Pumpkins are believed to have originated in Central America over 7,500 years ago. The first pumpkins held very little resemblance to the sweet, bright orange variety we are familiar with. Apparently there are over 50 different varieties of pumpkins out there and some are better than others. The use of fresh pumpkin for sweets remain optional. However, it is justified when making pies. One of the best pumpkins for pies are Sugar Pie Pumpkin and Honeynut Squash. Always roast more pumpkin than you need – leftovers pumpkin meat is great for side dishes, soup and smoothies. It can also be stored in the freezer for later uses.
Blind bake tart shell for 20 minutes – remove pie weights and bake for 10 minutes more. Set aside. Tart shell can be made a couple days ahead if desired.
Always roast more pumpkin than you need. Carefully, cut pumpkin and butternut lengthwise, scrap out fibers along with seeds (save seeds). Line baking tray with silicone mat, and grease it with the oil and sprinkle sugar over and a pinch of salt. Place squash flesh side down. Roast for an hour or so at 410ºF/210ºC. Half way through, move around pumpkins and rotate. Let cool 20 minutes and scrape out meat from the skin and discard skins. In a small saucepan, cover pumpkin kernels with water and a pinch of salt. Bring to a boil and let sit for a bit. Sieve and remove any remaining fibres. Spread seeds over a baking tray. Toast in the oven for about 10 minutes or until it turns light brown.
In the food processor, puree pumpkin meat. Transfer to a frying pan and cook down pumpkin puree with spices, sugars and maple syrup for about 20 minutes stirring every so often. The mixture should turn into a flavorful 400g pumpkin mixture. Let cool prior to finish into a compound.
In the food processor, smooth out cooked pumpkin mixture with the fresh roasted pumpkin (150g). Add mascarpone and the eggs; mix until completely smooth.
Preheat oven to 425ºF/220ºC. Fill pre-baked tart shell and bake for 15 minutes. Lower temperature to 350ºF/180ºC and bake for 45 minutes more. If using fan oven, lower oven temperature to 400ºF/200ºC and then 325ºF/160ºC. Pie is ready when it just begins to crack. There should be a slight jiggle to the center. Let cool for 20 minutes and de-mold pie carefully over a cooling rack. Leave out for 2 hours to cool completely and chill for an hour or more before finishing.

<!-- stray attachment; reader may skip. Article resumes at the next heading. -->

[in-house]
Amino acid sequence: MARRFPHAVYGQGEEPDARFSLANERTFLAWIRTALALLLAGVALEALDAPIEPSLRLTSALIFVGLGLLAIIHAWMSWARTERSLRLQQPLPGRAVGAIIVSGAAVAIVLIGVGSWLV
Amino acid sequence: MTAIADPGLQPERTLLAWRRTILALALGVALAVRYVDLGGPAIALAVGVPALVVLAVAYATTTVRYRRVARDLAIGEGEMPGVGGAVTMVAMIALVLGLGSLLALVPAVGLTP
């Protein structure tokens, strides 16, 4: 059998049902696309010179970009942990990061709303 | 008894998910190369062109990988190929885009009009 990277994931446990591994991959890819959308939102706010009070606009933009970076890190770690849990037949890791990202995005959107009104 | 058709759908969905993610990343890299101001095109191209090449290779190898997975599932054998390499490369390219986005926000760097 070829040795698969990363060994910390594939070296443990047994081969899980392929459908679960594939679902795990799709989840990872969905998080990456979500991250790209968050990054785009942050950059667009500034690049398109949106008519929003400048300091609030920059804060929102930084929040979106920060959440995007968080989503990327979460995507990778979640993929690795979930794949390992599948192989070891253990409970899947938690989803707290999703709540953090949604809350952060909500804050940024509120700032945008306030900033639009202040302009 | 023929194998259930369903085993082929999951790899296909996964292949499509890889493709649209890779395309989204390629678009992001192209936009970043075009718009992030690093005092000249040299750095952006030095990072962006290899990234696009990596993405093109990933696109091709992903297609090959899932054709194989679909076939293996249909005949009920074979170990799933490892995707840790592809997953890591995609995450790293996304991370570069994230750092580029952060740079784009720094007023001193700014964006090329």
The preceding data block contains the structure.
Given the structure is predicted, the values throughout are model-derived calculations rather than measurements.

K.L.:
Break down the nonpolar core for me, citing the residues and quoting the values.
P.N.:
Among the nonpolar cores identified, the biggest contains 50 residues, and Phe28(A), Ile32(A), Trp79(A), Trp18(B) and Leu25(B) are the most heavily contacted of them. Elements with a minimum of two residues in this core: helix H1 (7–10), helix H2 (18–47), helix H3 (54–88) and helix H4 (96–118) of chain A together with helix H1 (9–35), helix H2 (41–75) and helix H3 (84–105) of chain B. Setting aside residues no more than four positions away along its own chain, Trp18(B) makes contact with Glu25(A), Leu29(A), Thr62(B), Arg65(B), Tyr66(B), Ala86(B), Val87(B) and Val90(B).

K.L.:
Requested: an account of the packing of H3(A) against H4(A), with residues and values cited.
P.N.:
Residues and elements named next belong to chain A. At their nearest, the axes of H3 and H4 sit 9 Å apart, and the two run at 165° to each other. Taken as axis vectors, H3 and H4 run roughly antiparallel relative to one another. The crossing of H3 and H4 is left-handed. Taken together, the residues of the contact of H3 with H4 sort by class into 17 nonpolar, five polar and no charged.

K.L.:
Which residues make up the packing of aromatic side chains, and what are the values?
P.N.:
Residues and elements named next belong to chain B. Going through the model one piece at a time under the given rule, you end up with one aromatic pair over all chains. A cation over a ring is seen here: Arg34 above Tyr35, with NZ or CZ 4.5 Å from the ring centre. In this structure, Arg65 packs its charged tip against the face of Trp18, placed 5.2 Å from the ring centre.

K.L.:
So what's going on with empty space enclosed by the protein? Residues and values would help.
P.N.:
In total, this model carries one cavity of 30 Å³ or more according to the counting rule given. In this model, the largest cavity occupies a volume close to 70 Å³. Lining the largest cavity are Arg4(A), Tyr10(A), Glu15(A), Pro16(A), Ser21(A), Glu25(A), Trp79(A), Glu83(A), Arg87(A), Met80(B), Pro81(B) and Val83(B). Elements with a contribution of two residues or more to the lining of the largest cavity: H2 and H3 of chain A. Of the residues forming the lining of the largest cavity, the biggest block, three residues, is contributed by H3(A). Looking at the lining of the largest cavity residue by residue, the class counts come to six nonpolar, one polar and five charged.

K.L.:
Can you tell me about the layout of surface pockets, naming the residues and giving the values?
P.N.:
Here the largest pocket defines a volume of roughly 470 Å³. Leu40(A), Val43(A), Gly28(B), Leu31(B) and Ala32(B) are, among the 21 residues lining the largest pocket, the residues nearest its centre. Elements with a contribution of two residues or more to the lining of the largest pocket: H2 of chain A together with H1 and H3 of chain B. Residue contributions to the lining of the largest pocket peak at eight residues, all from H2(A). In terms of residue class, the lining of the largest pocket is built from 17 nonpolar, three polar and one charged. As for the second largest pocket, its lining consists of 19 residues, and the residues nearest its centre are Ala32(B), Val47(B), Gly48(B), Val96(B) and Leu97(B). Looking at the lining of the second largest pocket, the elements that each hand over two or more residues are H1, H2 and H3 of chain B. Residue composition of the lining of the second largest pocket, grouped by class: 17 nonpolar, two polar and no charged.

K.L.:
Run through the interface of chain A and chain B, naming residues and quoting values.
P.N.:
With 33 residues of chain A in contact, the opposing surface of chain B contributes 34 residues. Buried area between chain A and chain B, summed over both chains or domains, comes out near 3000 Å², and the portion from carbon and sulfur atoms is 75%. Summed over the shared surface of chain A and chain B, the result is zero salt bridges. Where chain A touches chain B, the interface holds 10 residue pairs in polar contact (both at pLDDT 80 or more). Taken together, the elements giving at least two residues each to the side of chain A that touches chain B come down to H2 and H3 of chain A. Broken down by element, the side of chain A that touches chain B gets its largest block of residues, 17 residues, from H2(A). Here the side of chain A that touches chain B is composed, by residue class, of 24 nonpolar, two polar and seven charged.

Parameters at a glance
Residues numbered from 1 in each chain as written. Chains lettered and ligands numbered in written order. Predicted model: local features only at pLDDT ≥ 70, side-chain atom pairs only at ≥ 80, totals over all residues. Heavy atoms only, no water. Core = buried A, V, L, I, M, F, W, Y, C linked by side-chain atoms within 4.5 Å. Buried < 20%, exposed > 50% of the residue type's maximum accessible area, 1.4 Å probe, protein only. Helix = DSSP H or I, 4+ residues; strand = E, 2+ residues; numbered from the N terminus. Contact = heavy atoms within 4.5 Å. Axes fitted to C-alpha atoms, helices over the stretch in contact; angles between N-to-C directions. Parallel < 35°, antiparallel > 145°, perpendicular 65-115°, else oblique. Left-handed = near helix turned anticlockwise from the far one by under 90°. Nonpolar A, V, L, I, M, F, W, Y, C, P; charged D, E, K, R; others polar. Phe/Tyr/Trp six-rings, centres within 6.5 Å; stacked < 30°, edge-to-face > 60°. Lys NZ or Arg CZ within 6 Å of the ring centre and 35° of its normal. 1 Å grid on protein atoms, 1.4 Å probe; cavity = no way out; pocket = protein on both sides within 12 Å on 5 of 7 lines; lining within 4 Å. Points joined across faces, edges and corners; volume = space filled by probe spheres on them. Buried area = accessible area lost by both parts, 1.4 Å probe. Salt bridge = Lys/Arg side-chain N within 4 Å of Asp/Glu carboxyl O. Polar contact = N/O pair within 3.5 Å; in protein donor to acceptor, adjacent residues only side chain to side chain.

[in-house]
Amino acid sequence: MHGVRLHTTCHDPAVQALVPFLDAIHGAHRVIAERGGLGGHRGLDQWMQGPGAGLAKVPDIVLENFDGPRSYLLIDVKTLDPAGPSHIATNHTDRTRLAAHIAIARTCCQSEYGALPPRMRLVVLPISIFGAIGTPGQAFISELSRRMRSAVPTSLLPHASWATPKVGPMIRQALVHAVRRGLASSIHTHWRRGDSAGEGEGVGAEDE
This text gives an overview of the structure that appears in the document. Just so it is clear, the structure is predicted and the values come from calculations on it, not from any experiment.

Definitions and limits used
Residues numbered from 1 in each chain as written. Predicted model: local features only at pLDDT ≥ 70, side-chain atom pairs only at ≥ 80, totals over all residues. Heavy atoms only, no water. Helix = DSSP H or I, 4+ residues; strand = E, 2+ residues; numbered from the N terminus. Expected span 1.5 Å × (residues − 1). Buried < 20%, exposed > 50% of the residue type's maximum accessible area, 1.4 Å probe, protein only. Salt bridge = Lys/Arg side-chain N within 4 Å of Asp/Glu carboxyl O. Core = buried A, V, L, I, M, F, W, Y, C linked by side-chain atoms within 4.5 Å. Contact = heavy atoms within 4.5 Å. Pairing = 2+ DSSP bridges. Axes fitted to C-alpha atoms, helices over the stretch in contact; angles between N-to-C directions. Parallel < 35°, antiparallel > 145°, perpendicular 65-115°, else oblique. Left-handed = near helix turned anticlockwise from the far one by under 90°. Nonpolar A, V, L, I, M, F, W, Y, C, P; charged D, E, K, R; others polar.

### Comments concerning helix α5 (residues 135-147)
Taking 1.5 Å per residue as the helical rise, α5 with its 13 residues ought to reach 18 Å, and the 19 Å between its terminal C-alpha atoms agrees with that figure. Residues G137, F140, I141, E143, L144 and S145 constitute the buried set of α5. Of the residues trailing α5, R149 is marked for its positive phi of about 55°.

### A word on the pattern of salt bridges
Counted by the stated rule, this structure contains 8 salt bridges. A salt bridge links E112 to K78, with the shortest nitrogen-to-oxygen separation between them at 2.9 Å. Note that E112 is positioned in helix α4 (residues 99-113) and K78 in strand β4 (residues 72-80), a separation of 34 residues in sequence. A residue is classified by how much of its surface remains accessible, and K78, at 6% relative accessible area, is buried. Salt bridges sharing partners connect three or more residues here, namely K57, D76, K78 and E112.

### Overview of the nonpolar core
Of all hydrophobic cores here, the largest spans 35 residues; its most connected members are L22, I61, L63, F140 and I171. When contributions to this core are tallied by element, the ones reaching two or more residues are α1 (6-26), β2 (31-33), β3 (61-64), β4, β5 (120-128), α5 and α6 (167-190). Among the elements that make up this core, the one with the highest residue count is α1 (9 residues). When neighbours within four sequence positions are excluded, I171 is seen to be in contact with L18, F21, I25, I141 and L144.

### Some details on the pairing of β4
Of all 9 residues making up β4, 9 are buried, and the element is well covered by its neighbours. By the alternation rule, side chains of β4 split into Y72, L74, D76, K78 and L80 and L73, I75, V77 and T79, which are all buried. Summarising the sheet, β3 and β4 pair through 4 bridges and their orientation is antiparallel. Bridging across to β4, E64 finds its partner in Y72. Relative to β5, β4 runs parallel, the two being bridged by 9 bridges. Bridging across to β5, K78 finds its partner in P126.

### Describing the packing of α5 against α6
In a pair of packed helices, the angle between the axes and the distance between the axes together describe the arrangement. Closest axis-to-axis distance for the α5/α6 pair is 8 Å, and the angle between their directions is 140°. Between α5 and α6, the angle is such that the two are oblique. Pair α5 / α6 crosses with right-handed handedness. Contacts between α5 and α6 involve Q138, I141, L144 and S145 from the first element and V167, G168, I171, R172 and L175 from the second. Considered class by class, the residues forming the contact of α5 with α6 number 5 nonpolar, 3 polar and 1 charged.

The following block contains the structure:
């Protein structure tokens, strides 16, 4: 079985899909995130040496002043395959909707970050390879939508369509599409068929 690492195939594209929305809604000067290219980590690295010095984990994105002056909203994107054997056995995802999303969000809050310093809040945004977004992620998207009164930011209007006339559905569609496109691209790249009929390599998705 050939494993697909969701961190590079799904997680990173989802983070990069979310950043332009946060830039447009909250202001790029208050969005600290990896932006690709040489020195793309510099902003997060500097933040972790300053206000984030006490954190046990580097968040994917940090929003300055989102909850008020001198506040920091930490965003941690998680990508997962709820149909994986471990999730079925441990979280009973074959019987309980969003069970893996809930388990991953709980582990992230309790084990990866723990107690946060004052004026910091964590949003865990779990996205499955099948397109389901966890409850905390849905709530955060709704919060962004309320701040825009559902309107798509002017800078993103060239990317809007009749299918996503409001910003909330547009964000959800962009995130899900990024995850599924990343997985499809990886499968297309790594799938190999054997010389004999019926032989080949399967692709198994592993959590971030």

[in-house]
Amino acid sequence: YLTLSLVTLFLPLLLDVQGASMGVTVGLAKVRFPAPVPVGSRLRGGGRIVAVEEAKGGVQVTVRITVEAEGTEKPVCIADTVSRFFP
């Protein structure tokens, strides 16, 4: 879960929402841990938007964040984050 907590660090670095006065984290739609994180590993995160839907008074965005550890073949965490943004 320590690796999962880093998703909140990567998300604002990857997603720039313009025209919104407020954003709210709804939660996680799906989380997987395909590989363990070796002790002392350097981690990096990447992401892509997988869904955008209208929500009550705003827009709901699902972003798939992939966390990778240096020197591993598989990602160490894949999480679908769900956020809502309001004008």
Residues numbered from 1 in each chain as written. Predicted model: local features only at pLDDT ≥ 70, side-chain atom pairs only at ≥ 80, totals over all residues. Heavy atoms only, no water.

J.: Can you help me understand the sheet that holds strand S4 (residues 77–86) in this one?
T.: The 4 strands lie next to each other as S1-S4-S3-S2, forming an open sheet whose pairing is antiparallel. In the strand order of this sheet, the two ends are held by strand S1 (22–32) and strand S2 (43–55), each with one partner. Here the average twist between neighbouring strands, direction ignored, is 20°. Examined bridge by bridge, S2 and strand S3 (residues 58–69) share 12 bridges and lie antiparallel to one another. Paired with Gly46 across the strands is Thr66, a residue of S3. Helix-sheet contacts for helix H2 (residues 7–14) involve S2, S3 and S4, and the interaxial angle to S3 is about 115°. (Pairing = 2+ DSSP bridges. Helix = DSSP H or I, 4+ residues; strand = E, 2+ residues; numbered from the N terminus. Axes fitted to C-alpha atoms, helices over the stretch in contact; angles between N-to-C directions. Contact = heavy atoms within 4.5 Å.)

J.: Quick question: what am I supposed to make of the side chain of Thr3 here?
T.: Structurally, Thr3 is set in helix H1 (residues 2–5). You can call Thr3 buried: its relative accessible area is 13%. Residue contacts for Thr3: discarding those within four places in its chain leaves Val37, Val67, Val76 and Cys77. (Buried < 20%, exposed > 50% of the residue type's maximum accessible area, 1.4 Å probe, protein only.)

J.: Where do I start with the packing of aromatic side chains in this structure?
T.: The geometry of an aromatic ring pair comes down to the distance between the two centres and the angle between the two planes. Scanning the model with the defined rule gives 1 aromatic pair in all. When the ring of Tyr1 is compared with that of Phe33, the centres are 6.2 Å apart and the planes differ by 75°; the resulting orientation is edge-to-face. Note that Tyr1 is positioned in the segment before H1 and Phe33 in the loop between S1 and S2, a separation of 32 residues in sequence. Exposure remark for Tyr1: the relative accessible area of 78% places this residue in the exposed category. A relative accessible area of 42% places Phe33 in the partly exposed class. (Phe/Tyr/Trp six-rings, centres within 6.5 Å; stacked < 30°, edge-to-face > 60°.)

In a medium size frying pan, turn sugar into a light amber caramel. Stir in kernels and seeds, and add alcohol – flambé. Add butter into the mixture. Transfer spread brittle mixture onto a baking mat; let cool completely. Break into pieces and keep in a sealed container.
Soak gelatin in cold water to soften, drain and set aside. Make a ganache montée. Bring to a boil the heavy cream (200g) with all the spices, turn off the heat and let infuse for 20 minutes. Sieve over white chocolate and mix well. Add gelatin, mascarpone and the chilled heavy cream (100g). Blend well and refrigerate for a least 6 hours or best overnight. Make a day ahead if preferred.
Beat ganache montée to a medium soft peaks Chantilly on medium speed.
Cover pumpkin pie with a thin layer of Chantilly, then cut pie into 8 portions. Make an elegant Chantilly finish using a pastry bag fitted with a Saint Honoré pastry tip. Save leftover Chantilly for later use. Decorate pie with a cinnamon stick broken into thin pieces. Top with pumpkin seeds brittles and serve. Pumpkin pie can be kept refrigerated for up to 3 days. Avoid freezer. Enjoy!